Sometimes I think back to the early days when I first started writing. It’s very safe to say that when I started, I embodied most of the stereotypical qualities thought to belong to most writers.
I started writing on a very serious and formal level in mid to late 1998. At the time I was going through a very emotional time in my life. I was clinically depressed; I relied upon the large amounts of coffee and sugary beverages just to be able to function. I wrote poetry as an escape and suffered for my writing. I foolhardedly believed that it wouldn’t be good writing if I didn’t suffer for it, and stay up late into the night trying to create fabulous works, the likes of which nobody would ever read because in the morning after I would find ridiculous and unfounded fault with what I had written and destroyed the pages I had written upon.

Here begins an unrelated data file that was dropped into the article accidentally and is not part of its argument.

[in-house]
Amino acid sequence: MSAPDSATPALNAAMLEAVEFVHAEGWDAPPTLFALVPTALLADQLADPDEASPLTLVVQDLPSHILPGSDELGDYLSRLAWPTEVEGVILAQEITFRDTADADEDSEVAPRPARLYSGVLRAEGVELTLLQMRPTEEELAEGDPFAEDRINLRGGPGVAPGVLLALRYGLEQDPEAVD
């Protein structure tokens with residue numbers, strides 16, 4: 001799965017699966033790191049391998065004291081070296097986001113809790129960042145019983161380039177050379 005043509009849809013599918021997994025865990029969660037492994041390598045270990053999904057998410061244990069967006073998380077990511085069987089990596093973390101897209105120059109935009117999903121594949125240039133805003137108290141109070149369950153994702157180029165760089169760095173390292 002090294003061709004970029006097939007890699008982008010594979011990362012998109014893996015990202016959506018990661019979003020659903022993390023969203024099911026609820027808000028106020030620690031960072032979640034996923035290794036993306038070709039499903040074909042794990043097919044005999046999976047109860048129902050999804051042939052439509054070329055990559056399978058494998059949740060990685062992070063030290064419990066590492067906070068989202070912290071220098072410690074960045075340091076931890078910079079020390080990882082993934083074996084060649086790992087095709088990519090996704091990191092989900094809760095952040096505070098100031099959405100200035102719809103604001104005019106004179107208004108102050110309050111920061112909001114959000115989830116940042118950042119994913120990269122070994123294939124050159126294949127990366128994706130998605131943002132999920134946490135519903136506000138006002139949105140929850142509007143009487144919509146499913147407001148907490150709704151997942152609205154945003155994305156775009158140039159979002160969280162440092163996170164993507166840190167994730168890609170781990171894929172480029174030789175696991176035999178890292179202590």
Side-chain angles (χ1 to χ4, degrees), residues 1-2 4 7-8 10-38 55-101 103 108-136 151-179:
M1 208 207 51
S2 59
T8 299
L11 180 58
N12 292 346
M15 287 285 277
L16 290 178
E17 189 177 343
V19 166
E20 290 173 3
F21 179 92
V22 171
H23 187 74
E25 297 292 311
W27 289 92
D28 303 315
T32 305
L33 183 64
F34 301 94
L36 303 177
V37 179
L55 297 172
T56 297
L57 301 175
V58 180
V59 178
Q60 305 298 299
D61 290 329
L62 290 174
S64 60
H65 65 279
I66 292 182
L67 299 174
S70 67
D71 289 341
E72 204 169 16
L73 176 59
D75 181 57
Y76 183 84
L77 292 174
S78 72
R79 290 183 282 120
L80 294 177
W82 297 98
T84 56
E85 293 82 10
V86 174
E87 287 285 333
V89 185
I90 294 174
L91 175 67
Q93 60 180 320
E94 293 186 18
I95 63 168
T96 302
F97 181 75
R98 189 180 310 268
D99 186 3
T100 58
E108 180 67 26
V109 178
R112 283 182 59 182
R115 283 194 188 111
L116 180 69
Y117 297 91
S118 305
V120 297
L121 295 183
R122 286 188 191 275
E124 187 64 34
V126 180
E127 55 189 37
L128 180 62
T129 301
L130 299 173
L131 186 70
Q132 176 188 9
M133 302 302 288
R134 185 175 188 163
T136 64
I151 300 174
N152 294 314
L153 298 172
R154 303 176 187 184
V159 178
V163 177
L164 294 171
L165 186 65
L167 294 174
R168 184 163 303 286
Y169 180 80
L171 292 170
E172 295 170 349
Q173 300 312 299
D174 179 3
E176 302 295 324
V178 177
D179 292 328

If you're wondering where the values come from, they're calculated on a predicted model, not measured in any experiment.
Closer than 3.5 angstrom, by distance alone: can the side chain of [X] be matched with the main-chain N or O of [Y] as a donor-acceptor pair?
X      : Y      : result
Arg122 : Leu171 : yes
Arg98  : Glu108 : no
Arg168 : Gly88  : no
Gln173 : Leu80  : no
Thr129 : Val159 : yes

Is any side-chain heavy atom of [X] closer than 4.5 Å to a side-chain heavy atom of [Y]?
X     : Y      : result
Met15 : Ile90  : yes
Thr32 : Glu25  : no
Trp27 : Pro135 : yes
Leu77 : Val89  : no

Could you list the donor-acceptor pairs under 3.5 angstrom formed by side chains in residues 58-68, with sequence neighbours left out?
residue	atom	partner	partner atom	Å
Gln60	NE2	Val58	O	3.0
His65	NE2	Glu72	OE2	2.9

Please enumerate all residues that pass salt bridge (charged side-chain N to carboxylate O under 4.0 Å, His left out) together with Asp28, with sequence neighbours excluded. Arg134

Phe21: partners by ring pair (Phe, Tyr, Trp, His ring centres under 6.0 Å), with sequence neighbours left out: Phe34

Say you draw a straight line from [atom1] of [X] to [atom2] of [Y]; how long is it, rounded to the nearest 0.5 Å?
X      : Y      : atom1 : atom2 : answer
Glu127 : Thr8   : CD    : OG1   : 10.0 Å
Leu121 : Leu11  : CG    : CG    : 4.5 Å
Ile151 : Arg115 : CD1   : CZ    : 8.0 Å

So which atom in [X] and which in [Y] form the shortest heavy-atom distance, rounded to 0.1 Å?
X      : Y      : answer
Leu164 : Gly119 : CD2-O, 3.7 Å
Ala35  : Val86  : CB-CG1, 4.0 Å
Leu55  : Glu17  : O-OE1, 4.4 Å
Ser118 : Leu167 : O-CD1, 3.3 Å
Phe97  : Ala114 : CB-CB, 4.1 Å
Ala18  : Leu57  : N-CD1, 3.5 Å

Today my writing sets me free and I’m no longer suffering to create it. Although most of the stereotypical writer traits no longer apply to me, I still subscribe to the notion that the archaic romanticism of the age-old writer still holds some validity. Ideally I would love to have access to my very own writers studio, complete with the candelabra on the desk along side of a short stack of books with an old skull atop them as a paperweight, just as Da Vinci himself was rumored to have done. Perhaps some archaic and timeless traditions in a writers life never change.